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The Fundamental Causes of the American Revolution

By BBlakely1 Dec 16, 2012 1139 Words
The Fundamental Causes of the American Revolution

The American Revolution was preceded by a number of events and ideas which, coupled together, led to the separation of the colonies from Britain. This revolution refers to the political upheaval during the latter half of the eighteenth century, which ultimately led to war. Although there were a series of events that led to the revolution, here I will address the main causes. On the surface, the thirteen American colonies were rejecting the tyranny of the British monarchy. Collectively, the colonies decided that because of such acts of tyranny, they could no longer legitimately claim their allegiance to Britain. In essence, Americans rejected the oligarchies common in aristocratic Europe at the time, upholding instead the development of republicanism based on the Enlightenment principles.

After French military threat to British colonies ended, Britain imposed a series of taxes on the colonies and imposed other laws, which were intended to show British authority. Americans hated this, especially when, they lacked representation in British parliament. Since they had no representation whatsoever, many Americans felt the laws were illegitimate, when at the time, many still considered themselves Englishmen. An example of these supposed unjust laws and taxes were: The Navigation Acts, The Proclamation of 1763, The Stamp Act, The Townsend Act, The Tea Act, and the Intolerable Acts.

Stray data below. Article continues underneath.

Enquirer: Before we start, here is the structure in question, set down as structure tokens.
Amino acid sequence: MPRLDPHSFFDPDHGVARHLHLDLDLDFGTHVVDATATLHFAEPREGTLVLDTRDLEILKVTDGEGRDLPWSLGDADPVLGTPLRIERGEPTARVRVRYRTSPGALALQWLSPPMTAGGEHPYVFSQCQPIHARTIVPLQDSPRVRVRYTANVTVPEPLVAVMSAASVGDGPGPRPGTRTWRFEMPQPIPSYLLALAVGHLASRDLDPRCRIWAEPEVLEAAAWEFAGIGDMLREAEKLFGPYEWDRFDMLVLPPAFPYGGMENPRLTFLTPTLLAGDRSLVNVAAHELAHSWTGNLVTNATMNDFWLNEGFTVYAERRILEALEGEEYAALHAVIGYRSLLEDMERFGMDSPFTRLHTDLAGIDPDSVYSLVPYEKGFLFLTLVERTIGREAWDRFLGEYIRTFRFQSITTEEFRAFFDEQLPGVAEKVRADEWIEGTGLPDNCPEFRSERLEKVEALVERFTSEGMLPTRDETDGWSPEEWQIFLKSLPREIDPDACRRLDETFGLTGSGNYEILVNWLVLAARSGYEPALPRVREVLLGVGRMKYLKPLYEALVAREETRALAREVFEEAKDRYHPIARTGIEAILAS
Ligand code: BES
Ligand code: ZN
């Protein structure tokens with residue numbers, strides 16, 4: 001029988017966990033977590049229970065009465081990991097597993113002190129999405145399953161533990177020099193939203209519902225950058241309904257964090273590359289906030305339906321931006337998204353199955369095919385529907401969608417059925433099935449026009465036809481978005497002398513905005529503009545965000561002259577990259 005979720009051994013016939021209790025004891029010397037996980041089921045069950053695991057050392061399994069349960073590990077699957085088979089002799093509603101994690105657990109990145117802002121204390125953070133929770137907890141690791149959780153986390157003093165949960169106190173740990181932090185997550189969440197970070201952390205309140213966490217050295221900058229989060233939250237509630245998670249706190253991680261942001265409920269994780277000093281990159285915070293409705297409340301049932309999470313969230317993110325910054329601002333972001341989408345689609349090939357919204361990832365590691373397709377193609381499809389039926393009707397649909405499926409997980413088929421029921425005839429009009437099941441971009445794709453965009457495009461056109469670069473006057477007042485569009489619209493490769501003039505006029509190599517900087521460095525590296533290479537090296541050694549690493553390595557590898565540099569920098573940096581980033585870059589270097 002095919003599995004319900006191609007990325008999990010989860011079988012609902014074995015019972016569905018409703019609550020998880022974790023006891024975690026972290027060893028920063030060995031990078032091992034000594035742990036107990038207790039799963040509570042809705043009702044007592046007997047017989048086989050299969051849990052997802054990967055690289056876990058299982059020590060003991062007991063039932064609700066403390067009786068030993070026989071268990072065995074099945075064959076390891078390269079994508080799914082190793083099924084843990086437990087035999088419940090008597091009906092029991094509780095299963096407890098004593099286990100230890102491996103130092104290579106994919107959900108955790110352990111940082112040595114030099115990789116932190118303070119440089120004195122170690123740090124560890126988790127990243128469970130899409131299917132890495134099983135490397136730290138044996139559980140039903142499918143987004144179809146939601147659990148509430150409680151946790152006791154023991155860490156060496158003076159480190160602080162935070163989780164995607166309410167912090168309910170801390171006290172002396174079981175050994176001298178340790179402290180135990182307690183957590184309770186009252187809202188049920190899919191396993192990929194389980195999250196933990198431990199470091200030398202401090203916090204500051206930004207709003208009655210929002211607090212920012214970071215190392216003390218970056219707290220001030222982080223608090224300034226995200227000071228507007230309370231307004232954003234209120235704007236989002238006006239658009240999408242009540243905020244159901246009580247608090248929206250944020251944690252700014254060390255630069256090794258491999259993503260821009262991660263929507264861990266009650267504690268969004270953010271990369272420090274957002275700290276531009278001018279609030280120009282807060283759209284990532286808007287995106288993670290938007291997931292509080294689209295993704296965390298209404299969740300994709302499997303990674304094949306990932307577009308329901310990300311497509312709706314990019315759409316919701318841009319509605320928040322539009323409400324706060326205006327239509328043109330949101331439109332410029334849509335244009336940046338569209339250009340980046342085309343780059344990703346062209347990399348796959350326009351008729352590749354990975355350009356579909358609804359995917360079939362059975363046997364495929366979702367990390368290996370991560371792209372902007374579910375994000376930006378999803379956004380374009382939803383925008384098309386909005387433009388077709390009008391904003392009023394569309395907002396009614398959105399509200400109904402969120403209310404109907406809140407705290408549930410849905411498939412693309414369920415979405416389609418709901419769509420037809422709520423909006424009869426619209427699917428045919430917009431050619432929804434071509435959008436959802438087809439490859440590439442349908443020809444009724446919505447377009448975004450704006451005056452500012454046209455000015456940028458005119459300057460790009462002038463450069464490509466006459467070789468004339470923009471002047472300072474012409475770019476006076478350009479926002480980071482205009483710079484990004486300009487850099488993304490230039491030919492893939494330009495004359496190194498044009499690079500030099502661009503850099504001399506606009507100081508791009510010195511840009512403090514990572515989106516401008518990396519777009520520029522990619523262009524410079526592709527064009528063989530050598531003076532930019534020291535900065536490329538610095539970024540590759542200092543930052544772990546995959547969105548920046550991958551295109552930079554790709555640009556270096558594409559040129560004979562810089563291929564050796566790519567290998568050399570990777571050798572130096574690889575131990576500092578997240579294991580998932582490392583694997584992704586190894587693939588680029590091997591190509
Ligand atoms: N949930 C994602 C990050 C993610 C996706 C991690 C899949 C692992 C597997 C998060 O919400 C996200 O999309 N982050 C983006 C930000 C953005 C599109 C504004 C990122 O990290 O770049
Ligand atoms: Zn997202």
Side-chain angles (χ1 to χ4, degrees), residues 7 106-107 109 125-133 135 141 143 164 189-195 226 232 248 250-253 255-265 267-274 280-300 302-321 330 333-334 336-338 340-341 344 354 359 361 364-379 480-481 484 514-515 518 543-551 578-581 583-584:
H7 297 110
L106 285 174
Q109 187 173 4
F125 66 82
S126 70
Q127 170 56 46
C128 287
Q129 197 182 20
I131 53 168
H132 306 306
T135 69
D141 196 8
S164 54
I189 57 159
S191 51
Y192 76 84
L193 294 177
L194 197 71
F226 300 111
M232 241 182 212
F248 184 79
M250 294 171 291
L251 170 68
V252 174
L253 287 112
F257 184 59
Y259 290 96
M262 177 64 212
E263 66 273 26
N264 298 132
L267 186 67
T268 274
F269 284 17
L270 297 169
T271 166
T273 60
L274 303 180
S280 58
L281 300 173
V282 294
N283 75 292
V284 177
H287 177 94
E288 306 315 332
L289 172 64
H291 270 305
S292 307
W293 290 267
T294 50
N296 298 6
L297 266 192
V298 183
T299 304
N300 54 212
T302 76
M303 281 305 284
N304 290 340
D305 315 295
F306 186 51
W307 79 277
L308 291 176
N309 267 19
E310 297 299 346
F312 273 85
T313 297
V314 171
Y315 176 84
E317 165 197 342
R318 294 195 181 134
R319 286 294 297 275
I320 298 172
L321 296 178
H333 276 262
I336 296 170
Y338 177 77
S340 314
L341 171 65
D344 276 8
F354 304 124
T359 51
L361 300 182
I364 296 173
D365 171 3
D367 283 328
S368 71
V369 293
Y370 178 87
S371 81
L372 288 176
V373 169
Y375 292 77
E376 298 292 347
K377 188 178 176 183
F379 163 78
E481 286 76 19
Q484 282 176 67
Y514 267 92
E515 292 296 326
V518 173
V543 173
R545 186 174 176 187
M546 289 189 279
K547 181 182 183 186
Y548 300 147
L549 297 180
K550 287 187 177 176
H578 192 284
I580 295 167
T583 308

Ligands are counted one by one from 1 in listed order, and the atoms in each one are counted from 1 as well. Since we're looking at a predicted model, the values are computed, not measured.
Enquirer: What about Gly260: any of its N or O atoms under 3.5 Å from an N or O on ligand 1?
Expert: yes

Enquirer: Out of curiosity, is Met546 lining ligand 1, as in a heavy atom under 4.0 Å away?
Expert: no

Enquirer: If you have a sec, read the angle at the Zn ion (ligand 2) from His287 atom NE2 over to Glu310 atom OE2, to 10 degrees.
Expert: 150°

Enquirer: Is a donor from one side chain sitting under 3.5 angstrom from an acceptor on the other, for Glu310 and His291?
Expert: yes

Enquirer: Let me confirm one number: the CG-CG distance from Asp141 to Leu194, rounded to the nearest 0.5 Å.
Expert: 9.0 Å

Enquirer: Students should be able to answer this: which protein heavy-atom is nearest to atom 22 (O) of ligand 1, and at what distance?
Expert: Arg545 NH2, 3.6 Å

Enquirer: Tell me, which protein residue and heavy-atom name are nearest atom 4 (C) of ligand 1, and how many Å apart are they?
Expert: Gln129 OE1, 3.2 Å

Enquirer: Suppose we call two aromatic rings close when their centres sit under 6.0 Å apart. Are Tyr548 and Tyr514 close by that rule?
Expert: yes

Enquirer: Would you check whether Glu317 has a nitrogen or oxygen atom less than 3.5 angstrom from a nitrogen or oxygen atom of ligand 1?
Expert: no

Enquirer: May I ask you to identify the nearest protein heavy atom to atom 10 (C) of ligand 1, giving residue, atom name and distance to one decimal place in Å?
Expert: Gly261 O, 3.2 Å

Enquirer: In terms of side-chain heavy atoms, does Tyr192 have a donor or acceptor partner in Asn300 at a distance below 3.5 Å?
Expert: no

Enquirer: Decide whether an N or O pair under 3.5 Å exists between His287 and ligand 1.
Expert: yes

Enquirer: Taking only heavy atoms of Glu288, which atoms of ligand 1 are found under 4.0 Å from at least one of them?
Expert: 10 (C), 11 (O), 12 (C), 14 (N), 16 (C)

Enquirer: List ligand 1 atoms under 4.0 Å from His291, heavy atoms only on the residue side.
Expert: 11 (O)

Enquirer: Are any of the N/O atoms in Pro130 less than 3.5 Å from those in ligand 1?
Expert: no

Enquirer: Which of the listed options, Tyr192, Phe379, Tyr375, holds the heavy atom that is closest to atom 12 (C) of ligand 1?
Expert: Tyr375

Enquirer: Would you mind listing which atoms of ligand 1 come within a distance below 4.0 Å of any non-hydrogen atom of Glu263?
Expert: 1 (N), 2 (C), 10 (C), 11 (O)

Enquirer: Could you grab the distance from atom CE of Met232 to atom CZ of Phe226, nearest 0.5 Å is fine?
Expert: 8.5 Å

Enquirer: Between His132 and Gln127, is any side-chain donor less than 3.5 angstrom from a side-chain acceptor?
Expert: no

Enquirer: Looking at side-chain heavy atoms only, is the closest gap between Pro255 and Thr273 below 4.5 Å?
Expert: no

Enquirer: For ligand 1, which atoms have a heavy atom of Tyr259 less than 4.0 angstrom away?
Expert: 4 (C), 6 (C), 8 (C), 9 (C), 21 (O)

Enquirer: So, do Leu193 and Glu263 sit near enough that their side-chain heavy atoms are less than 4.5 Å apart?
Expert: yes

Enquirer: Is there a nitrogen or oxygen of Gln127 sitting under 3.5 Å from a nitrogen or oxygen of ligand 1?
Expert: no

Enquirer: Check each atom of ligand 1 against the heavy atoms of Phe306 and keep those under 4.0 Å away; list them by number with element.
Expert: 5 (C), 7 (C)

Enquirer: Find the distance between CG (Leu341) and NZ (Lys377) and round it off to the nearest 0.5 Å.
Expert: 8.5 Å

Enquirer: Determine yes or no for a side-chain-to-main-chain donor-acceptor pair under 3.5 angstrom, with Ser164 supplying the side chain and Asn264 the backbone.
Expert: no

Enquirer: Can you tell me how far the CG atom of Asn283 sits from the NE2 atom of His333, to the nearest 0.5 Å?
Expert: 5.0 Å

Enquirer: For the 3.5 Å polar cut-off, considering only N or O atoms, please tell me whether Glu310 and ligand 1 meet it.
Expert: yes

Because the Stamp Act, in 1765, was the first direct tax Parliament levied on all the colonies-- all newspapers, almanacs, pamphlets, and official documents—even decks of playing cards—were required to have the stamps, all 13 colonies protested vehemently. Resolution of the Town of Braintree, Massachusetts, 1765, opposing the Stamp Act read: We have called this a burthensome tax, because the duties are so numerous and high...that it would be totally impossible for the people to subsist under it....We further apprehend this tax to be unconstitutional. We have always understood it to be a grand and fundamental principle of the constitution, that no freeman should be subject to any tax to which he has not given his own consent, in person or by proxy....We take it clearly, therefore, to be inconsistent with the spirit of the common law, and of the essential fundamental principle of the British constitution, that we should be represented in that assembly in any sense, unless it be by a fiction of law....”

Furthermore, popular leaders such as Patrick Henry in Virginia and James Otis in Massachusetts rallied the people in against it. The "Sons of Liberty" formed in many towns and threatened violence if anyone sold the stamps; ultimately no one sold them. Benjamin Franklin made the case for the boycotters of the Stamp Act, explaining the colonies had spent heavily in ‘manpower, money, and blood in defense of the empire in a series of wars against the French and Native Americans’, and that further taxes to pay for those wars were unjust and might bring about a rebellion.